12/16/2013 12:34 EST | Updated 02/16/2014 05:59 EST

Why Is Rheumatoid Arthritis More Common in Women?

Terri-Lynn Collings had swollen fingers and wrists, sleepless nights and problems in bending her elbows. Like many young women, Collings, then in her 20s, wrote off the symptoms to muscle strain and figured they would eventually subside. They didn't. When she noticed she could no longer even form a tight fist, and that it was taking her much longer to get ready for work each morning, she thought that maybe her condition was more serious than tendonitis. A family doctor referred her to a rheumatologist who diagnosed rheumatoid arthritis (RA) and promptly put her on a treatment plan. Collings, now in her 40s, has never looked back.

Though Collings would never consider herself a poster girl for the disease, doctors would like to see more women who have similar symptoms follow her lead. "The earlier the diagnosis and the start of treatment, the easier the disease is to control," says Dr. William Bensen, a rheumatologist at St. Joseph's Hospital in Hamilton, Ontario. He thinks of RA as a blaze that needs to be controlled. Not put out, you see, controlled. Because even with today's powerful drugs, it's not a disease for which there's currently a cure.

RA affects two to three women for every man, Dr. Bensen told me. The fact that more women than men get the disease is not widely known. Nor is the fact that while young women like Collings can and do get RA, the peak incidence is considered to be age 50 to 65. "It's partly genetic, partly environmental," he says. "We wonder about stress, we wonder about hormonal factors. We know, for instance, that if you have the gene and if you smoke, it's more likely to light the RA fuse." But experts still don't know the whole story.

A chronic joint disorder, RA causes a serious inflammation of the lining of the joint capsule. The inflammation increases the level of fluid in the joint and leads to the thickening of the lining itself. Over time, the bone is eroded and the support structures around the joint are weakened. While that may sound almost benign, it's anything but: Tendons can rupture, muscles can waste and the joint can start to move in directions it's not supposed to. With all this comes pain, stiffness and swelling.

RA falls under the umbrella of autoimmune disorders, but Dr. Bensen prefers to call it an inflammatory disease because he says it is not autoimmune in the way that, say, lupus is. "The key message," he says, "is early diagnosis and the link to early treatment. Every day we see patients who have waited before coming to us. They may have been told previously that their condition is just due to old age, or that they are imagining the pain and stiffness. When they come we can stop the disease, but if they have waited too long we cannot reverse the damage that has been done."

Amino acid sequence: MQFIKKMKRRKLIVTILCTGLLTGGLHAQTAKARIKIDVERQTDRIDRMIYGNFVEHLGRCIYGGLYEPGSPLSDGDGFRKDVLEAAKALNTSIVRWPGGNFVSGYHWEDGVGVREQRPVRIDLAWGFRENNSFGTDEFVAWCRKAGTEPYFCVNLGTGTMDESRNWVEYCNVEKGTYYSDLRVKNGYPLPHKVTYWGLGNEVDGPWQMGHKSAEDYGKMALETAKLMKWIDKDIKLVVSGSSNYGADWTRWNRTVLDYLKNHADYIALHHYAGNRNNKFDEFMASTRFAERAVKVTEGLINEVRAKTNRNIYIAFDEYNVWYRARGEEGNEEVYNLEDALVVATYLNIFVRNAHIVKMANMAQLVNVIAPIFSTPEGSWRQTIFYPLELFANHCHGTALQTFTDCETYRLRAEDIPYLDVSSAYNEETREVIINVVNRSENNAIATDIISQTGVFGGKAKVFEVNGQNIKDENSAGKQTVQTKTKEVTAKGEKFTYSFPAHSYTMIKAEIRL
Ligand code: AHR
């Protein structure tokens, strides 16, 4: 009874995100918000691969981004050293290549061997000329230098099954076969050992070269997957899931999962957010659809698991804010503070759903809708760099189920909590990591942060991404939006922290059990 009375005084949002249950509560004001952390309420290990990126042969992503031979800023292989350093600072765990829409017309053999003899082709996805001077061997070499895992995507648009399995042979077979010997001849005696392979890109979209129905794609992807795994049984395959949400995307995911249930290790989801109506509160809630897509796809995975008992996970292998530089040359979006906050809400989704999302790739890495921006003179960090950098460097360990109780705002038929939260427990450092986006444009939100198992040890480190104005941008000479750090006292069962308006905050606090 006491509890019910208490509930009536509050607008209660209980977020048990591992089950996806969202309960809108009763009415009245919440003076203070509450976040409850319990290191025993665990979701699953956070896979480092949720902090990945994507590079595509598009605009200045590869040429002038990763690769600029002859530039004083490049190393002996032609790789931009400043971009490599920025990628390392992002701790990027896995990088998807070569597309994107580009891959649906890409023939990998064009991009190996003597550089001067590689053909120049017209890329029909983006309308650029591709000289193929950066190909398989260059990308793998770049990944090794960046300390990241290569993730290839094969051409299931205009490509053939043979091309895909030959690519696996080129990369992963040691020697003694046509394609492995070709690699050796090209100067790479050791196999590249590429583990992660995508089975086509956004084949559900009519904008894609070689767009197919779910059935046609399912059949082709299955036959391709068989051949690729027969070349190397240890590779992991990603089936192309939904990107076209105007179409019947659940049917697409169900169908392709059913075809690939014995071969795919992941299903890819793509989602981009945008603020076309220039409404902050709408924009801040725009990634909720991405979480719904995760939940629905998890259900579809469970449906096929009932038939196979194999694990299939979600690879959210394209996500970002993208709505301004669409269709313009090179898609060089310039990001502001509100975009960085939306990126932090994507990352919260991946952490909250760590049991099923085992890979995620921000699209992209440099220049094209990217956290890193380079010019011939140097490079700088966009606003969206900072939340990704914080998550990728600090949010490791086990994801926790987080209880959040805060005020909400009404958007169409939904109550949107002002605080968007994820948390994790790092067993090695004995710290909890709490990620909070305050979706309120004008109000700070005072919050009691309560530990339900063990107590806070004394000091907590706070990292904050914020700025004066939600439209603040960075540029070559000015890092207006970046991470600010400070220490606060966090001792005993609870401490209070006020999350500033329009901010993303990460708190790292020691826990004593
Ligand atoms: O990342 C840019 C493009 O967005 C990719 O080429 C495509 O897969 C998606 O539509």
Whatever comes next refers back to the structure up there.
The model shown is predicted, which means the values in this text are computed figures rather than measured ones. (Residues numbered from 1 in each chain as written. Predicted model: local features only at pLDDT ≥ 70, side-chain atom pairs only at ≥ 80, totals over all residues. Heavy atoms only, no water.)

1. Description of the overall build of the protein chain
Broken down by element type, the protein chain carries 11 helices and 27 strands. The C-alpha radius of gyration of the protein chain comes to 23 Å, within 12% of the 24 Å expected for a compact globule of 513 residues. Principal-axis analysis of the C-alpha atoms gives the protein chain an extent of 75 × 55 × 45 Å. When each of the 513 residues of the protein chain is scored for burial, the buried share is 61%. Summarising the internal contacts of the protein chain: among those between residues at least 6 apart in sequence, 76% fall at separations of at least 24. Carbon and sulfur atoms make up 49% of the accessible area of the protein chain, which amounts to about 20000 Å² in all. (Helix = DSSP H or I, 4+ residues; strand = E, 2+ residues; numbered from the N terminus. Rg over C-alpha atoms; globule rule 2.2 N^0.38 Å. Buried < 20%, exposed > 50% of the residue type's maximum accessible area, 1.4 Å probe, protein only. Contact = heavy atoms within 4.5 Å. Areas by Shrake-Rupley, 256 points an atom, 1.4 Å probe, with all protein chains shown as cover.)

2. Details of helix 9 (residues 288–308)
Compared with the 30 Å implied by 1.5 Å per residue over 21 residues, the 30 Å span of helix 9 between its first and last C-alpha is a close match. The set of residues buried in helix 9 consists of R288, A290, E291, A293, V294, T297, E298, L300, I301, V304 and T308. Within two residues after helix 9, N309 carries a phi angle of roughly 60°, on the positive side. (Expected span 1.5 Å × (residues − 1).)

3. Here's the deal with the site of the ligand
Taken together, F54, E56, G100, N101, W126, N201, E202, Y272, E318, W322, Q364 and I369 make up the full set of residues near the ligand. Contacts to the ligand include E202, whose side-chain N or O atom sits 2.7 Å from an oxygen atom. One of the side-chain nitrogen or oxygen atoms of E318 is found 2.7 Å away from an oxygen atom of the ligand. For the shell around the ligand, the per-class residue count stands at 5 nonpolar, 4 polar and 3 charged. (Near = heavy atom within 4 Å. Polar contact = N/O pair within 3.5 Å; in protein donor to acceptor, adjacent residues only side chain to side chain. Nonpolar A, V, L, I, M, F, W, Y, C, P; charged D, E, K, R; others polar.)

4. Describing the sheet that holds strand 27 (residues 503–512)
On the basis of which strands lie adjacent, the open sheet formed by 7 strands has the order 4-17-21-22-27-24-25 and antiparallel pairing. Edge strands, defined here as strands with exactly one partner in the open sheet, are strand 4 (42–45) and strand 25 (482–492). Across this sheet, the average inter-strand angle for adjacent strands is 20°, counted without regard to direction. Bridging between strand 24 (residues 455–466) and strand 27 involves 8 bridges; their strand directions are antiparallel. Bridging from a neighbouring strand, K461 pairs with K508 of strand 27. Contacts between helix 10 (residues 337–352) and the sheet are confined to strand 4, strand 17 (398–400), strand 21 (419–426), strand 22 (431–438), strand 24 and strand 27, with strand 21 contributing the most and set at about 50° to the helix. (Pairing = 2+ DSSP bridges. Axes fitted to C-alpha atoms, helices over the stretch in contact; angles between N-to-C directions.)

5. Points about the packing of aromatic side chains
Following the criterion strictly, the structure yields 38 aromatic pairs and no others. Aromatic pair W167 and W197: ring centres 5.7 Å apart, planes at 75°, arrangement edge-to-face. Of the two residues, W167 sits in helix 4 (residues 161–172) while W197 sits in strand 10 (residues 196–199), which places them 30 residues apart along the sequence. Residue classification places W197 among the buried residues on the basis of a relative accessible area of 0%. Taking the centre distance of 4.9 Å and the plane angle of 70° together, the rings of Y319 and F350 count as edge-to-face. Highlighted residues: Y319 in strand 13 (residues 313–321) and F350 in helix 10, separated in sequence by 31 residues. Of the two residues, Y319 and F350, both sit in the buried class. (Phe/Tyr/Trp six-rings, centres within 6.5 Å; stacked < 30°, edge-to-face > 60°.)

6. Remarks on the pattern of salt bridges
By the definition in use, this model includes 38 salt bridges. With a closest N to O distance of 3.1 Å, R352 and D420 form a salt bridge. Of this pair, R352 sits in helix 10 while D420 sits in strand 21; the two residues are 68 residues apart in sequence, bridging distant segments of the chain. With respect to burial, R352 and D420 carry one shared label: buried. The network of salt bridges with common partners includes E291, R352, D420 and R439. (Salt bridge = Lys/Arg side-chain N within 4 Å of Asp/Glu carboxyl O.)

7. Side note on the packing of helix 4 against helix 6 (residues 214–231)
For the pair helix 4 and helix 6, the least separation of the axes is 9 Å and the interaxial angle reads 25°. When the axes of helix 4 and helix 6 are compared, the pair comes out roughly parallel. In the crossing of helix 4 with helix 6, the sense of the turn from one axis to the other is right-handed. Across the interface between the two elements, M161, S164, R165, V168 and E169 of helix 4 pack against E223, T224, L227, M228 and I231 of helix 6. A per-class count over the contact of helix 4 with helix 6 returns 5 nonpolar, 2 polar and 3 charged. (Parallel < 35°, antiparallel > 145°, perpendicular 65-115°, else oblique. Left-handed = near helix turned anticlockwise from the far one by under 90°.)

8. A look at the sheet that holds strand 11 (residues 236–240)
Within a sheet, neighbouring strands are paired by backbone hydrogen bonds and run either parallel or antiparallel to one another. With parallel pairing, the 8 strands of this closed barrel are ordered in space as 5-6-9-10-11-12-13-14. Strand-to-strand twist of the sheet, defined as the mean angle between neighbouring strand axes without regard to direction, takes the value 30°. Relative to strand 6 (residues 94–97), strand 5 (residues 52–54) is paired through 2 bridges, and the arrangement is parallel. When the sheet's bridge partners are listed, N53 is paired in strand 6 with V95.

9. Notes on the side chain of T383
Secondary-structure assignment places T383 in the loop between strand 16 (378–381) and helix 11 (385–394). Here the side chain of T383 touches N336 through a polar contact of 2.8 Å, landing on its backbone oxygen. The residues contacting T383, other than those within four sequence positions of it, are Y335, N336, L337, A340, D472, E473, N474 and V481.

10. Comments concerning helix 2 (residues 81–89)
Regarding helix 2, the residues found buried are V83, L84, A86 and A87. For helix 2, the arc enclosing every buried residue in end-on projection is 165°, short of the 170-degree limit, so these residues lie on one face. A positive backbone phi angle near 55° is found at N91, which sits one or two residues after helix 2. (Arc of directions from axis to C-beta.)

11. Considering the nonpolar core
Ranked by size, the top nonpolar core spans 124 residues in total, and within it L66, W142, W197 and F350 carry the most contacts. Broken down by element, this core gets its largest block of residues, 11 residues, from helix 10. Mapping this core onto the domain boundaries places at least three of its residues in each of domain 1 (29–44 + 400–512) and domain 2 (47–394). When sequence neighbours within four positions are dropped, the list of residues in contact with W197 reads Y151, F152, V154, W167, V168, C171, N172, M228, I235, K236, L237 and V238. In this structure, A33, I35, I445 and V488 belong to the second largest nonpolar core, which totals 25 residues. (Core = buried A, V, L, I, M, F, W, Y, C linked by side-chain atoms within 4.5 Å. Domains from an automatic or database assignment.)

Dr. Bensen says the typical pattern that leads to diagnosis begins with someone coming into his office with painful swollen joints in the knees, feet, hands, wrists or elbows; they also complain about a constant feeling of fatigue and a loss of good sleep. "Something is off-kilter, and when we examine them we can usually feel the swollen joints. Lab tests can make us feel more confident of the diagnosis. But we then do a high resolution ultrasound which gives us a picture inside the joint as to the degree of inflammation and whether there is already damage to the bone. We put all these factors together and we ask ourselves if it is possibly, or probably, or definitely RA. We then start the treatment accordingly."

At, there's plenty of information on RA including a symptom tracking tool and treatment options. Dr. Bensen says that though some medications carry risks that include a susceptibility to infection, the right medication can control the condition in almost all cases. Terri-Lynn Collings says she's had her ups and downs with various drug treatments -- they would work for awhile, then stop working. She even experienced hair loss. In her view, it's risk versus benefit: "It can be trial and error." But her current treatment has worked for eight years, and she feels good as long as she gets uninterrupted sleep, stays active, eats a balanced diet and takes her vitamins. "I know what my limitations are."

Why women get RA and other forms of arthritis more than men is one of the tasks that Canada's Arthritis and Autoimmune Research Centre has set for itself. Of the over 100 types of arthritis, women are affected in greater proportions in almost all of them. Women also report consistently higher rates of both arthritis and arthritis-related physical disabilities which profoundly affect their family, work and social capabilities. Through research into sex-specific therapies, by deepening the understanding of the genetics behind these diseases, and in further investigating if women have different hormone or immune systems that predispose them to these conditions, they hope to untangle the gender-specific puzzle.

As one of their supporters and someone who struggles with RA, Jennifer Mason shares her story. She was an aspiring musician when her RA was diagnosed in 1980. Back then, there was no sophisticated technology to indicate joint damage, so her flares came and went, worsening over time until both her hands and feet were severely deformed, ending her ability to play musical instruments.

Now Mason is pain-free thanks to the treatment breakthroughs of the past few decades. Says Dr. Bensen: "The research done world-wide in the past 30 years is more than the research done in the last 3,000 years, so we know how to help people with RA. The gap in knowledge still lies in trying to get people to be diagnosed early: Swollen joints, pain, stiffness and fatigue -- if you have these, make sure that you follow through so that RA can be ruled out."


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